Kiwi invention brings water to communities in need
18 Mar 2008
A New Zealand invention is set to provide salvation to island communities in an emergency.
The mini-desalination plant, designed by Auckland engineer Victoria Fray, will provide water for hundreds of people in a disaster situation.
''It can convert 3000 litres of water a day. That's enough for emergency use for a small village of 900 people,'' says Glenn Rose, the New Zealand manager of the Red Cross's humanitarian programme.
The device is small and robust enough to be sent away for use, brought back to New Zealand, and be ready for the next emergency.
Prior to this invention, Red Cross’ desalination appliances were for large scale emergencies, providing water for up to 40,000 people. The new smaller scale invention is specifically designed to suit the needs of tiny, isolated islands, like the Pacific Islands.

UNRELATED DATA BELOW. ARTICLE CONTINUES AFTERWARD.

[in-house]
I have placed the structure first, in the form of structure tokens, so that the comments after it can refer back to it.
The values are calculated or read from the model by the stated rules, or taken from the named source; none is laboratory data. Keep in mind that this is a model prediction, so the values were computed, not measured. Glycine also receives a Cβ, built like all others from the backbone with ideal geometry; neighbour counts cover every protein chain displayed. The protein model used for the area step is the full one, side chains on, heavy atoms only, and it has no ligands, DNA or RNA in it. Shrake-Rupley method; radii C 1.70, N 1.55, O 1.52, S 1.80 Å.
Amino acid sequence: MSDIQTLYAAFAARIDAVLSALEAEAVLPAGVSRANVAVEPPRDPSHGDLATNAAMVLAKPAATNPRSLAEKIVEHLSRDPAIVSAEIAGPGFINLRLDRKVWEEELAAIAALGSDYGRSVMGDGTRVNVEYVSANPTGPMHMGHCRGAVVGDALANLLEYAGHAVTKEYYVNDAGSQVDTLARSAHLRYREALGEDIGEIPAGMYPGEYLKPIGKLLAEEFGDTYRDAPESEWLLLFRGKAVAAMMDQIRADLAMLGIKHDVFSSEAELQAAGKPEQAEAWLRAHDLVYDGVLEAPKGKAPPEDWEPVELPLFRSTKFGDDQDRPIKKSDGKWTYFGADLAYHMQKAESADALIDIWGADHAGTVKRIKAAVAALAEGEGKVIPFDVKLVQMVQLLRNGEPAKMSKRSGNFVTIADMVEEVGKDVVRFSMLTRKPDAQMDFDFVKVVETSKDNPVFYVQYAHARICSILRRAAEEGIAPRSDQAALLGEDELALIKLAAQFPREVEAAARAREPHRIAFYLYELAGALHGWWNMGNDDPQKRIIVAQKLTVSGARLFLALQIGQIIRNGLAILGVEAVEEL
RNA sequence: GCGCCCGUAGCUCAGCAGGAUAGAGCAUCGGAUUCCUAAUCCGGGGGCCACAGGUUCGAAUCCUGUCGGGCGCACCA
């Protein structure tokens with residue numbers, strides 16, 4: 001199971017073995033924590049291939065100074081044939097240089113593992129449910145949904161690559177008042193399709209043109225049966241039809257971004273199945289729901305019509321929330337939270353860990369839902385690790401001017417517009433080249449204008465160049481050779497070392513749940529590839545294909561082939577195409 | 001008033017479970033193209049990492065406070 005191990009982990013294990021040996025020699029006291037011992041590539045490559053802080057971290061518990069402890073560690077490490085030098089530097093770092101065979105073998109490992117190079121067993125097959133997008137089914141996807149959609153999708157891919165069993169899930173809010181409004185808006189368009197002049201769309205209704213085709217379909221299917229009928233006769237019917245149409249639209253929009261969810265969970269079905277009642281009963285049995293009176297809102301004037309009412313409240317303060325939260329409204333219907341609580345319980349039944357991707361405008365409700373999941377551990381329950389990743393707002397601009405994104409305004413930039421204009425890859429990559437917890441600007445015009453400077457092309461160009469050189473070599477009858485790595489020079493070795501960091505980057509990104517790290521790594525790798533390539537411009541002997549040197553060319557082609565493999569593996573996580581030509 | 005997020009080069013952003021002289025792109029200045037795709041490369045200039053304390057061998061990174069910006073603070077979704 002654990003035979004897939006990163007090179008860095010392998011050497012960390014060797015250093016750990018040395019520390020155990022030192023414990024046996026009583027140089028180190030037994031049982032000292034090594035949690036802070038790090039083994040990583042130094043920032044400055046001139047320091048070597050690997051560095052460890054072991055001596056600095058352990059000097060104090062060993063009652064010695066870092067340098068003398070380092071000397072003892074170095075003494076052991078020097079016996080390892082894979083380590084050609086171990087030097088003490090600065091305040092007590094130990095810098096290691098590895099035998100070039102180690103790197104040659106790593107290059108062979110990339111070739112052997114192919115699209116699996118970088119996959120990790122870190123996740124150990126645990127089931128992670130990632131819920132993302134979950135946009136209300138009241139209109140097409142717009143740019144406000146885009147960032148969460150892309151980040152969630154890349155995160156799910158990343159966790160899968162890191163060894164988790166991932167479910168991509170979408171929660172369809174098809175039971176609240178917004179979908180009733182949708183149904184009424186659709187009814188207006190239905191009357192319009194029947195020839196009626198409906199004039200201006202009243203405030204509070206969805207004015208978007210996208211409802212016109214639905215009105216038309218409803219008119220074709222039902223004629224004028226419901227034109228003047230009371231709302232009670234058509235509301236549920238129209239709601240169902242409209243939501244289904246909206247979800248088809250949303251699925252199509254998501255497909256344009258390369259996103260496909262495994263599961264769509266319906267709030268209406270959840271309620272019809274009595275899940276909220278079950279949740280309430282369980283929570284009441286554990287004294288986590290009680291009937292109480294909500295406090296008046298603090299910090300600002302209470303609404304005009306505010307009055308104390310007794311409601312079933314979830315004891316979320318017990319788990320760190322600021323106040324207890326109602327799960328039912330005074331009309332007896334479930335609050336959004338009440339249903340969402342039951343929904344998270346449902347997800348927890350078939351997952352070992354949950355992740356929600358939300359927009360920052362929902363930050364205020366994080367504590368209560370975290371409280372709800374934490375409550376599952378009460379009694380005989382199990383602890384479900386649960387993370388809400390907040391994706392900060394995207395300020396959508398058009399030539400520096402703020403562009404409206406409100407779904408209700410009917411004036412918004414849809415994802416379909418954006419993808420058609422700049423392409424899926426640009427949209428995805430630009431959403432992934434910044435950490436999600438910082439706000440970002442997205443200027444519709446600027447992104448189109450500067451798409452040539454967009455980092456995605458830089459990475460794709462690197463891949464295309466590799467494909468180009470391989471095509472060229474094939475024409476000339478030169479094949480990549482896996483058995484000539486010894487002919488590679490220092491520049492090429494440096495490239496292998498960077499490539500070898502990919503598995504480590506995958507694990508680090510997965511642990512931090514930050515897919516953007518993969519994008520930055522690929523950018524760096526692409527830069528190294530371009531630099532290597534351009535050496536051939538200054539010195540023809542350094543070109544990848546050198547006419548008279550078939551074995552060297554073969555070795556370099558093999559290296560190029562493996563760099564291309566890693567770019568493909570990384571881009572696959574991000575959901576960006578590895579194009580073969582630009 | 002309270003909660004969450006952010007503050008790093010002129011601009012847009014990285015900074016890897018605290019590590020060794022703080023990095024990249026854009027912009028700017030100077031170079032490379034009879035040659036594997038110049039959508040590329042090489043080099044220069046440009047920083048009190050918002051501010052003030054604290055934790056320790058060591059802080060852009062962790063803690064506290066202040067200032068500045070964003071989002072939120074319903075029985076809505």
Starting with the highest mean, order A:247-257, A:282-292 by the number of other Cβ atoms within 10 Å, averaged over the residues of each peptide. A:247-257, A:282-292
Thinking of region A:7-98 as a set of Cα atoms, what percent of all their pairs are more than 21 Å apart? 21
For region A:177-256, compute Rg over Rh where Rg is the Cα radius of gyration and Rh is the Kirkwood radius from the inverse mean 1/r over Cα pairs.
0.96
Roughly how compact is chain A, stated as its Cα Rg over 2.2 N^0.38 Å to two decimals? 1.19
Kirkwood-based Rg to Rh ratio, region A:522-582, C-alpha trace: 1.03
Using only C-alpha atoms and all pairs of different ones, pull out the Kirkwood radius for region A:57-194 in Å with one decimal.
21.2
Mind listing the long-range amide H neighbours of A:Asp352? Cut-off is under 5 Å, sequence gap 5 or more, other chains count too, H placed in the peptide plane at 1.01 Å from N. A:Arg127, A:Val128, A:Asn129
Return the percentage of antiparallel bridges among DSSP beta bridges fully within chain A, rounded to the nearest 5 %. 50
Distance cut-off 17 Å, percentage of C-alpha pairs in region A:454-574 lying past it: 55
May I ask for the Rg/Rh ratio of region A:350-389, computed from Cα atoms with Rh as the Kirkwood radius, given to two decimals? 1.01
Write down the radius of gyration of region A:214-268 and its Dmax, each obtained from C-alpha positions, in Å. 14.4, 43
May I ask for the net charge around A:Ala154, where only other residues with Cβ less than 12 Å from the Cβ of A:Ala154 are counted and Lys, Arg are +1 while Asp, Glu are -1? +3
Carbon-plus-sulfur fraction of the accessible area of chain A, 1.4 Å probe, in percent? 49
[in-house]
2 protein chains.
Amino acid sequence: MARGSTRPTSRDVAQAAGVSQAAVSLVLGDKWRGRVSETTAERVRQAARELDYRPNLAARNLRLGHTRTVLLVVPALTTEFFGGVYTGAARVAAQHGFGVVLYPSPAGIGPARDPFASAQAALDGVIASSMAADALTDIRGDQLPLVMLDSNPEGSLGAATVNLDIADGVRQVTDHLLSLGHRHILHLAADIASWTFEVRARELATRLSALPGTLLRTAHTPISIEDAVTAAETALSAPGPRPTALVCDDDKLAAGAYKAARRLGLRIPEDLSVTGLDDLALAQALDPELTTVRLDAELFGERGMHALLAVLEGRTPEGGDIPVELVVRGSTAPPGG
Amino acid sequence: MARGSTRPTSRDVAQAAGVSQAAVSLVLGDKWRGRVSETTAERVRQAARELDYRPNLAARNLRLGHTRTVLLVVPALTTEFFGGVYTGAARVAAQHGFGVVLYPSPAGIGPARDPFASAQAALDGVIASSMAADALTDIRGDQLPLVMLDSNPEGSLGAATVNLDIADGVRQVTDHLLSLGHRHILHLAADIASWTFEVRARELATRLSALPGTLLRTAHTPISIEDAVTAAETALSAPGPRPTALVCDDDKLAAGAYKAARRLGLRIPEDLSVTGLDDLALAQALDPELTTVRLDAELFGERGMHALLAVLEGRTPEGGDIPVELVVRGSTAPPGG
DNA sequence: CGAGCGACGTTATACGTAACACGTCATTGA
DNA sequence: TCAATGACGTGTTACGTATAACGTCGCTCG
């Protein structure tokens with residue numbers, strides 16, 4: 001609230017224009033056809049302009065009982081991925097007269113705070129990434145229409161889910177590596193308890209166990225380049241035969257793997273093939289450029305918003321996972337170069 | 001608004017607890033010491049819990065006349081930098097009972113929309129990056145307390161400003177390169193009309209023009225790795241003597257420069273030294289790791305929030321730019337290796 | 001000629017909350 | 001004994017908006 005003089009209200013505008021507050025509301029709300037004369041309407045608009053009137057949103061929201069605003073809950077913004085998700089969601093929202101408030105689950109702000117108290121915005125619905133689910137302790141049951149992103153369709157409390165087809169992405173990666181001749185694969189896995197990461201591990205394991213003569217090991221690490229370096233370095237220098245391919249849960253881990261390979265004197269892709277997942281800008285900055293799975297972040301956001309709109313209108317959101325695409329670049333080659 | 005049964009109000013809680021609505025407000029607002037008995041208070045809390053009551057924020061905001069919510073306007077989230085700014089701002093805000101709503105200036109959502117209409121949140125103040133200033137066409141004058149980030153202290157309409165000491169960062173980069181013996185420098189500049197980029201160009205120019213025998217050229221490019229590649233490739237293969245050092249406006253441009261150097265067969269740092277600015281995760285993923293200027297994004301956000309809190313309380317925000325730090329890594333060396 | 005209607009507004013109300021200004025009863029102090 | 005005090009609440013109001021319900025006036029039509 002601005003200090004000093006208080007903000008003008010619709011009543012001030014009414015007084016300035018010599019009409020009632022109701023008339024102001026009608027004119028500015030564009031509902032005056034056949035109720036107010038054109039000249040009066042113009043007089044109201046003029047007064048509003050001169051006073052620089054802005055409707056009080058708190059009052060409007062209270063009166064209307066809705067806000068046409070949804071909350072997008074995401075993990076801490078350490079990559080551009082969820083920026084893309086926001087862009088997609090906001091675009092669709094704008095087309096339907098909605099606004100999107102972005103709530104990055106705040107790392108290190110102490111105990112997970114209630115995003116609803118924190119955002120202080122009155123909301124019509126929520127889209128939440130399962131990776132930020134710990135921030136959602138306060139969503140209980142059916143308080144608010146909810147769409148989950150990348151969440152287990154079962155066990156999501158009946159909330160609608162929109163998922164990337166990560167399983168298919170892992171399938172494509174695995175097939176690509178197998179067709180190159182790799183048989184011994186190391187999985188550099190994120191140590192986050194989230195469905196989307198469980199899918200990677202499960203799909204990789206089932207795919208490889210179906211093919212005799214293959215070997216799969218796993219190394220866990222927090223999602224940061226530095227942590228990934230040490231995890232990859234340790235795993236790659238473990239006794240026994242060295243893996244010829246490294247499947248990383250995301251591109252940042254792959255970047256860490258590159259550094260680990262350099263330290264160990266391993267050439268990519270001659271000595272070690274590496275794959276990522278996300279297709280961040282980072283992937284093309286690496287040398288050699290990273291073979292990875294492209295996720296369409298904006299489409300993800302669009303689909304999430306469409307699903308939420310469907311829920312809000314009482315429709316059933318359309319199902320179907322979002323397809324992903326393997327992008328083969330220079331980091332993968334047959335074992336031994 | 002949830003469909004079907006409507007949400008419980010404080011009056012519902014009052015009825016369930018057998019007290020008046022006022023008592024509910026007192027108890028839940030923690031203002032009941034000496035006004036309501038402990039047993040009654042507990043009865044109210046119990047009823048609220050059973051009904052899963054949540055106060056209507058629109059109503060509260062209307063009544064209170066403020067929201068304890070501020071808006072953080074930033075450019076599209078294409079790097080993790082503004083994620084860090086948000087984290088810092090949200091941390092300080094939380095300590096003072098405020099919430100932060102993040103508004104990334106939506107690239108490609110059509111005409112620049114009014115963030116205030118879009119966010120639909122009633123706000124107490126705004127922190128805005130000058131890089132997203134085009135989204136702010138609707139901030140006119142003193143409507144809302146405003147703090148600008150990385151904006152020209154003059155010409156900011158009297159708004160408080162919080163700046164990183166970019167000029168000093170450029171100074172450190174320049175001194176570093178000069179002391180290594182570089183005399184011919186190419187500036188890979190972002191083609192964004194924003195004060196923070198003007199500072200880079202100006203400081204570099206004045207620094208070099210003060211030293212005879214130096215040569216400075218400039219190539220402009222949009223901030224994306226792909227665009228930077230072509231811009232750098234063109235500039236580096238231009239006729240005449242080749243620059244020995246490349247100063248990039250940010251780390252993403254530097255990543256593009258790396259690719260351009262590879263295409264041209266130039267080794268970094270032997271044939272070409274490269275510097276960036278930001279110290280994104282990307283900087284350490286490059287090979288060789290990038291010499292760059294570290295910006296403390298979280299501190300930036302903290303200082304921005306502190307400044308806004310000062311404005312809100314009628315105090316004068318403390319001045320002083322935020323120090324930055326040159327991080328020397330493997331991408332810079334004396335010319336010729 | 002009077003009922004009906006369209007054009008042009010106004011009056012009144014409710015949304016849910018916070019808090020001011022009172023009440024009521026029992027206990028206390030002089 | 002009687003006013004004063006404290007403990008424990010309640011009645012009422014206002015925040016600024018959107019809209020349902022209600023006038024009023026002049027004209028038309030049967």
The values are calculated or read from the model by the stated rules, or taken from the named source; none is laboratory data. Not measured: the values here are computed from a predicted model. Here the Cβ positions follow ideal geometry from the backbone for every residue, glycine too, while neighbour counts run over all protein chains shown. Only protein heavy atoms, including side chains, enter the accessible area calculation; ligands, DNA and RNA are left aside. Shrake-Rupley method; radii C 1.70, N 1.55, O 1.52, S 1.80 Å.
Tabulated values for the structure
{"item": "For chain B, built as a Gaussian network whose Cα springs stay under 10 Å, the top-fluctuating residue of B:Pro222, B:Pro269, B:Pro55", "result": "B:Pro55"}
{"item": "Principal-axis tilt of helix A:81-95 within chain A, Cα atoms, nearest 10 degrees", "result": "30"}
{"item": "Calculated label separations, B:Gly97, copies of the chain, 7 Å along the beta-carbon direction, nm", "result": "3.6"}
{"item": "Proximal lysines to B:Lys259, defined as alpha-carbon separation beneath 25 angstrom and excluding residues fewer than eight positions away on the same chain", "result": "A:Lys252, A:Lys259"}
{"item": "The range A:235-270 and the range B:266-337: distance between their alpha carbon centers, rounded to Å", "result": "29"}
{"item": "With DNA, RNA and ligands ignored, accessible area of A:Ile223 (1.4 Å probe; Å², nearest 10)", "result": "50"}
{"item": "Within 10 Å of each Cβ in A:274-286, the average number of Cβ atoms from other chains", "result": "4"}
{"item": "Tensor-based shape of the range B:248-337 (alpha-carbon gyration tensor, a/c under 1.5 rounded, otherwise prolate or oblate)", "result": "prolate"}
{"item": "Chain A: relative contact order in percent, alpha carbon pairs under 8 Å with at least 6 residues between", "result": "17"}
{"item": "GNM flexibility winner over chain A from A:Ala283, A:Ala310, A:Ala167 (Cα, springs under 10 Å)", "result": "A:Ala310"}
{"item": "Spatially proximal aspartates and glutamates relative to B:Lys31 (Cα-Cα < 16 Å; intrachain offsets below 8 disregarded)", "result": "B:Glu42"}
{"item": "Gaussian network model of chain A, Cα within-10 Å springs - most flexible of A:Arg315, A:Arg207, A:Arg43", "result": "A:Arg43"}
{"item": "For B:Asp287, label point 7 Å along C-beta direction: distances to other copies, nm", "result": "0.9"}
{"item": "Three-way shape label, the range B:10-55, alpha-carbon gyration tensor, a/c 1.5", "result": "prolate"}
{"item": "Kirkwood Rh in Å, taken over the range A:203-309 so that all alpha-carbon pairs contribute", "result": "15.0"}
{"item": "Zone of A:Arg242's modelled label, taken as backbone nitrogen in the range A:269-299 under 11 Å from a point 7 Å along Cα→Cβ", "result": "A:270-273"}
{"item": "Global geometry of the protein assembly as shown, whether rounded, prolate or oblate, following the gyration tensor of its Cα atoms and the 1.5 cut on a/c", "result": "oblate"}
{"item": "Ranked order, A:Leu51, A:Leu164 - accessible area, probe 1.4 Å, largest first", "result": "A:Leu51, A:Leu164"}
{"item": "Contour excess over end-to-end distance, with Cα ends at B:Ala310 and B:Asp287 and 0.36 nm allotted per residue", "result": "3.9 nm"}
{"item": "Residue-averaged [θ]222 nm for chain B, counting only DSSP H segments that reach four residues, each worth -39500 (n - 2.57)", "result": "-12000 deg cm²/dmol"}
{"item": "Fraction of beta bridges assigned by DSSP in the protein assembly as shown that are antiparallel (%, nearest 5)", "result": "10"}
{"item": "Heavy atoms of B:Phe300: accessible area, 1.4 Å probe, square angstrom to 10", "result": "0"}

Fray, a water and sanitation engineer for Opus Consultants, is one of 80 Kiwi experts who have volunteered to be on standby for Red Cross emergency missions.
In 2004, Fray faced her first mission to Ambae Island in Vanuatu when Mt Manaro began erupting ash. It was here that Fray saw a need for improvement. The desalination plant used was a basic model with no protective casing. On her return to Auckland, Fray worked with local engineers General Marine to create a more robust device to send to the next emergency.
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